Microsoft takes most valuable company title after investors punish Apple
Microsoft's value on Tuesday exceeded Apple’s by more than $1bn, which has tumbled in November on concern about iPhone unit sales
Microsoft surpassed Apple to become the world’s most valuable publicly traded company. All it took was a $300bn rout.
After briefly claiming the top spot on Monday, Microsoft shares rose 0.6% Tuesday, pushing the company’s market value to $828.1bn at the close. That exceeded by more than $1bn the value of Apple, which has tumbled in November on concern about iPhone unit sales. The last time Microsoft’s market capitalisation was bigger than Apple was in 2010, according to data compiled by Bloomberg.
A recent stock-market swoon has taken a toll on nearly all technology companies. But investors have punished consumer-focused companies such as Apple and Amazon.com more than firms that mostly cater to businesses, like Microsoft. It’s down 6.3% since the start of October, while Apple has lost 23%.
Starting more than a decade ago, Microsoft fell behind Apple as computing shifted from desktop machines to mobile devices like iPhones, making Microsoft’s PC dominance less relevant. Attempts to regain its footing by acquiring Nokia’s handset business and releasing its own phones led to expensive write-downs. This was particularly galling for the company because it once kept Apple afloat with a cash infusion in the 1990s.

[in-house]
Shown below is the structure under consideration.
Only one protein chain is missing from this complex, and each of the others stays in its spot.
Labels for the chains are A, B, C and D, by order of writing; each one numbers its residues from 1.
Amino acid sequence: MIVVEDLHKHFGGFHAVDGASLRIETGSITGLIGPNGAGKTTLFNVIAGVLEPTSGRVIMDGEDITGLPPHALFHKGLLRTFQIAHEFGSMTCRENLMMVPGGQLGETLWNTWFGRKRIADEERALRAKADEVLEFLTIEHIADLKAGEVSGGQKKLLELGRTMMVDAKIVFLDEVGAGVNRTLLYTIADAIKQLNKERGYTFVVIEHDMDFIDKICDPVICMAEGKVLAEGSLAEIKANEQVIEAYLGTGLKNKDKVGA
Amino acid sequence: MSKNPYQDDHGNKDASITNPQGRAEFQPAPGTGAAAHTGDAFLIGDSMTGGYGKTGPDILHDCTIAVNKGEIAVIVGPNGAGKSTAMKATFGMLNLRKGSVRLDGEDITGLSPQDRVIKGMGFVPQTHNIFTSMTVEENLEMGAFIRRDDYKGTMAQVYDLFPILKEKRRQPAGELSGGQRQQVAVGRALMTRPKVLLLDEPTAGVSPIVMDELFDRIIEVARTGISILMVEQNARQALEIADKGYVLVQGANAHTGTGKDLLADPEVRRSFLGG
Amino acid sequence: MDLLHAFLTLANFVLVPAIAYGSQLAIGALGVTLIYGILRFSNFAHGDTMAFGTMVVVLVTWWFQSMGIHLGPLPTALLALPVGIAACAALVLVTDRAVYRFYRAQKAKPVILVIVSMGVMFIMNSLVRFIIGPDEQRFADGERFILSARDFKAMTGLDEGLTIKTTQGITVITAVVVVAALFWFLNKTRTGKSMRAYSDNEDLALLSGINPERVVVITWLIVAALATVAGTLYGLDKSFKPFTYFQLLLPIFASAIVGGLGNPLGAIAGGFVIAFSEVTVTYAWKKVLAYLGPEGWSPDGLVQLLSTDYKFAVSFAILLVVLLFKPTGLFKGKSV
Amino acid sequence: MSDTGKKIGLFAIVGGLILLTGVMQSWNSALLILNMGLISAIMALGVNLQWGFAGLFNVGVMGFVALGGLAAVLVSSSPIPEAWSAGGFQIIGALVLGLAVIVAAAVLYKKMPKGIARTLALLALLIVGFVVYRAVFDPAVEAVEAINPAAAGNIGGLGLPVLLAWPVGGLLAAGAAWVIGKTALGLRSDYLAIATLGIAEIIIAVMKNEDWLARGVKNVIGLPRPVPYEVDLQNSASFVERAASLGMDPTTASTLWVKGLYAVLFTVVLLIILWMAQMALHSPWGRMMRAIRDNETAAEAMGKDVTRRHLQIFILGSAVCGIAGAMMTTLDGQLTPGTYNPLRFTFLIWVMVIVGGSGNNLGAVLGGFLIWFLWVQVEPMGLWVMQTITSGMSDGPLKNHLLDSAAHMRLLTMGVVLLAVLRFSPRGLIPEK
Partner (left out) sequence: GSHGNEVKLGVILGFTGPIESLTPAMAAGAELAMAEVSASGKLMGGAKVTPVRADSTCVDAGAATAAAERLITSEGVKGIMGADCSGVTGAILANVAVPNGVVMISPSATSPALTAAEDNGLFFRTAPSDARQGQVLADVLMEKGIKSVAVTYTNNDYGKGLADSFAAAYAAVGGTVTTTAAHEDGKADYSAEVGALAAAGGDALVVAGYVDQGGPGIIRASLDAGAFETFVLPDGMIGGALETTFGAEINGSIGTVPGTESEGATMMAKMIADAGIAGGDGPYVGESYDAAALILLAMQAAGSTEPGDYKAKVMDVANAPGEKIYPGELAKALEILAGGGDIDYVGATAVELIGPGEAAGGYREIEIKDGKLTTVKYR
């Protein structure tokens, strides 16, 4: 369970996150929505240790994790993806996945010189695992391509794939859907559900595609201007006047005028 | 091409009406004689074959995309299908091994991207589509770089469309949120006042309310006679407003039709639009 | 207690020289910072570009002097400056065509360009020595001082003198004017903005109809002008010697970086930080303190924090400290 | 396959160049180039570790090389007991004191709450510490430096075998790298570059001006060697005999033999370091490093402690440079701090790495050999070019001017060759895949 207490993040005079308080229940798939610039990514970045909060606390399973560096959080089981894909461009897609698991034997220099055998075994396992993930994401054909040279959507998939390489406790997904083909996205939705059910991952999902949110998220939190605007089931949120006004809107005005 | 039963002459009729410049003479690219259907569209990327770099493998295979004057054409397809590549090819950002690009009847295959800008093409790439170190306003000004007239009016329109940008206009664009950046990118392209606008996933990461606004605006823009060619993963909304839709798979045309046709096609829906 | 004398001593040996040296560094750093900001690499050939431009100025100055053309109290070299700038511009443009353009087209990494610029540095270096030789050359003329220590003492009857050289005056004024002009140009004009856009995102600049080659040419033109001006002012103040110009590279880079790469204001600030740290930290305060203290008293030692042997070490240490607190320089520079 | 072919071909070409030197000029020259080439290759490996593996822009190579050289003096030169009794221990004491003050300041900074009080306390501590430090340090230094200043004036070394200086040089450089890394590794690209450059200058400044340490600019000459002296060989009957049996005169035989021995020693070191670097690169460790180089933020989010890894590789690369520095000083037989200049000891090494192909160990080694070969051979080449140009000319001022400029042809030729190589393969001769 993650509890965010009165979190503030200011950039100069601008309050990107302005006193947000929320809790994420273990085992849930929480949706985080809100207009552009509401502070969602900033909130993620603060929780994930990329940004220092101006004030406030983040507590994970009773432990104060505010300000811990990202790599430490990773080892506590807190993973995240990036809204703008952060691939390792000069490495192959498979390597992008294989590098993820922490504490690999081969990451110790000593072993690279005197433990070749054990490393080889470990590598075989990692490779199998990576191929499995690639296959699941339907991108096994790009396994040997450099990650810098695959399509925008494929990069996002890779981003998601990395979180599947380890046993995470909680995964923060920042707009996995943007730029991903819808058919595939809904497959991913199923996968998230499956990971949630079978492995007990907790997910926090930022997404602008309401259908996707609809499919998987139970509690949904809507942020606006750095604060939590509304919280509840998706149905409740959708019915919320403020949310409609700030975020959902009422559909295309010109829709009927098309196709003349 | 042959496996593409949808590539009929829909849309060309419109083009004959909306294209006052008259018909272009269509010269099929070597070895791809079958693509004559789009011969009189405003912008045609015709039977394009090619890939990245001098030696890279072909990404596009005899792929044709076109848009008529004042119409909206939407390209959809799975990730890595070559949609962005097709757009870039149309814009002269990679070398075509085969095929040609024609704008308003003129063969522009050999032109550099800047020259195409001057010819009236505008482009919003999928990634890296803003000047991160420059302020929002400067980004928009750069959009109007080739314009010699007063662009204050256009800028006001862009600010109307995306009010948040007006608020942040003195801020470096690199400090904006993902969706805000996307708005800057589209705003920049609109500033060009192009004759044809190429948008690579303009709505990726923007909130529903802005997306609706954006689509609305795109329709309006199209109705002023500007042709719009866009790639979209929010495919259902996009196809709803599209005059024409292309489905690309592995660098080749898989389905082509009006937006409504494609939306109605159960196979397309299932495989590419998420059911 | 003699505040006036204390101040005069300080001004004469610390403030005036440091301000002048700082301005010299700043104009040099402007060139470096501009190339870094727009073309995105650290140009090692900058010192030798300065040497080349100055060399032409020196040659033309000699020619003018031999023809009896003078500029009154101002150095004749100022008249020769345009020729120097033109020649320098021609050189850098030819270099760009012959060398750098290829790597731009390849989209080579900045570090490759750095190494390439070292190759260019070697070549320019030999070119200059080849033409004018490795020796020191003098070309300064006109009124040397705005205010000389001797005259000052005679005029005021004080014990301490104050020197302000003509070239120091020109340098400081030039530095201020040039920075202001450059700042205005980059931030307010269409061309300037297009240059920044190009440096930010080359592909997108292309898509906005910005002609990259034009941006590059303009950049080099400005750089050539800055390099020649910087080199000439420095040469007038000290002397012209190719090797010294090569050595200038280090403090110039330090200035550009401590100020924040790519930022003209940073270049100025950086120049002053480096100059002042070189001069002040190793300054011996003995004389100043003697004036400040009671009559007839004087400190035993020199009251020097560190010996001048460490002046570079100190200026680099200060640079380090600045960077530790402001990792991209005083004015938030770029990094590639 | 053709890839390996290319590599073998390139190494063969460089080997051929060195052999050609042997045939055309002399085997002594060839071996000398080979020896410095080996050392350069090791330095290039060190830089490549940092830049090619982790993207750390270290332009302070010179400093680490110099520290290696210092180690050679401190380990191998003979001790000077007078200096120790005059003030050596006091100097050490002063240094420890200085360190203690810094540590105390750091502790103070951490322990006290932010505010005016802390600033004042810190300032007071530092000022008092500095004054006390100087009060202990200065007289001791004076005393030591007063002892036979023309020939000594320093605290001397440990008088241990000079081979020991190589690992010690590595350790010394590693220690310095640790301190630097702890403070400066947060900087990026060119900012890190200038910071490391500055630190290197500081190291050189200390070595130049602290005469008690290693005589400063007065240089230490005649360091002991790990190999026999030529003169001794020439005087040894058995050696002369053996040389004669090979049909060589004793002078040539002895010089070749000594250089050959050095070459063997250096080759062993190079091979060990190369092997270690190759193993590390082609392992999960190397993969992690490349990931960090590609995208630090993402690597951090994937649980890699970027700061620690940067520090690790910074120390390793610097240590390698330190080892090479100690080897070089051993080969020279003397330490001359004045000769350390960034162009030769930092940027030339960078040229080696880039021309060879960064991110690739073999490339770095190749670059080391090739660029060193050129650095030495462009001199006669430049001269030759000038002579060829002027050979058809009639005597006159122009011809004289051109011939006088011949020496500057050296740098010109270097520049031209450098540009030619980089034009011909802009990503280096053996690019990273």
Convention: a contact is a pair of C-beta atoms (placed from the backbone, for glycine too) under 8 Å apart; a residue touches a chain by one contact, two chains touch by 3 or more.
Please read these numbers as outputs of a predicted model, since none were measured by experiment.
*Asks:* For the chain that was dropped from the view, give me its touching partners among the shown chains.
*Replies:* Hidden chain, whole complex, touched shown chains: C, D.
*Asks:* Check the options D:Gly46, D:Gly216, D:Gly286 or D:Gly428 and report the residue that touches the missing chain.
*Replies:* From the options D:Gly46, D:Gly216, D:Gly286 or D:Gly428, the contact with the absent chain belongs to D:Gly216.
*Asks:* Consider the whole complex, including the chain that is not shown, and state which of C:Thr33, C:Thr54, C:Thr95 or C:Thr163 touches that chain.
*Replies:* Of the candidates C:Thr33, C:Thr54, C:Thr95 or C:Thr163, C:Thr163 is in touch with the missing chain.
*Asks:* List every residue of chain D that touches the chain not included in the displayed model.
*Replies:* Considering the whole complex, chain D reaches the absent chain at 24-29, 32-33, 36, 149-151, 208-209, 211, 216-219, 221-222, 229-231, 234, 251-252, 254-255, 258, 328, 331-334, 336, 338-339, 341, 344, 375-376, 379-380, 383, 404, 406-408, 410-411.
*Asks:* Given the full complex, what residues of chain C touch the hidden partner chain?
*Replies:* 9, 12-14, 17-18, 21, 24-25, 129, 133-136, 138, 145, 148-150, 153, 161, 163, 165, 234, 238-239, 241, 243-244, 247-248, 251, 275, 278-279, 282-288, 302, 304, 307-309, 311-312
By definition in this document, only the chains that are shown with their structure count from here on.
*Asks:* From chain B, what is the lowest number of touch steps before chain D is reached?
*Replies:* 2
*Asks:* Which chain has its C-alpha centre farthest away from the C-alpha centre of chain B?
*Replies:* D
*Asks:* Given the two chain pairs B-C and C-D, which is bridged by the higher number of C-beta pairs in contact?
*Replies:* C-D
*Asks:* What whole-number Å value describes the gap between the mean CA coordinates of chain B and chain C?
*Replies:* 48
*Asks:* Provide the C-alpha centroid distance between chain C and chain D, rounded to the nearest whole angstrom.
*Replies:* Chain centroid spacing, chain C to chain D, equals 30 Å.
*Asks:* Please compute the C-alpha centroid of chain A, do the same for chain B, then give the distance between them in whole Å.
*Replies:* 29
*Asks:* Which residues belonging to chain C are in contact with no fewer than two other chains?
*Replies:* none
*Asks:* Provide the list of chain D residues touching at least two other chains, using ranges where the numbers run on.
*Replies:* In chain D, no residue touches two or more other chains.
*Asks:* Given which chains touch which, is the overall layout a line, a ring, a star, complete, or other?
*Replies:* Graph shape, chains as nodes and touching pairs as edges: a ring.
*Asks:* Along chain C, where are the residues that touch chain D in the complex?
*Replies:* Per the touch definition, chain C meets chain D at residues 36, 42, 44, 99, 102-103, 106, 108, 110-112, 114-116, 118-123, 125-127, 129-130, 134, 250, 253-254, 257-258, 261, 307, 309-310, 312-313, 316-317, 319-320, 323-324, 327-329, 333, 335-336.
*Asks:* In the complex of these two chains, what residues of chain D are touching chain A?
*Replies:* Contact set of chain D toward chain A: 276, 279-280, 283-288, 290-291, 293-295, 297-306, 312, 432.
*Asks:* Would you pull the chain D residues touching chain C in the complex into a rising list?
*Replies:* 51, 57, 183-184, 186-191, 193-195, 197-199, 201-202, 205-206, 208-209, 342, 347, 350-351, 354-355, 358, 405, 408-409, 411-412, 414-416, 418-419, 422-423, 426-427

The rise of cloud computing changed Microsoft’s fortunes about five years ago. Under CEO Satya Nadella, the company invested heavily in data centres and other infrastructure to run applications and store data for corporate customers.
And instead of trying to tie Office work productivity software to its Windows operating system, Microsoft offered it as a subscription service over the internet and on other companies’ devices — including Apple’s. It also stopped making smartphone hardware, while boosting the quality of its tablet and PC designs.
Microsoft is now second behind Amazon Web Services in the cloud. That’s insulated Microsoft’s stock from worries about declining consumer spending on devices and increased regulation of digital advertising businesses like Facebook and Alphabet’s Google.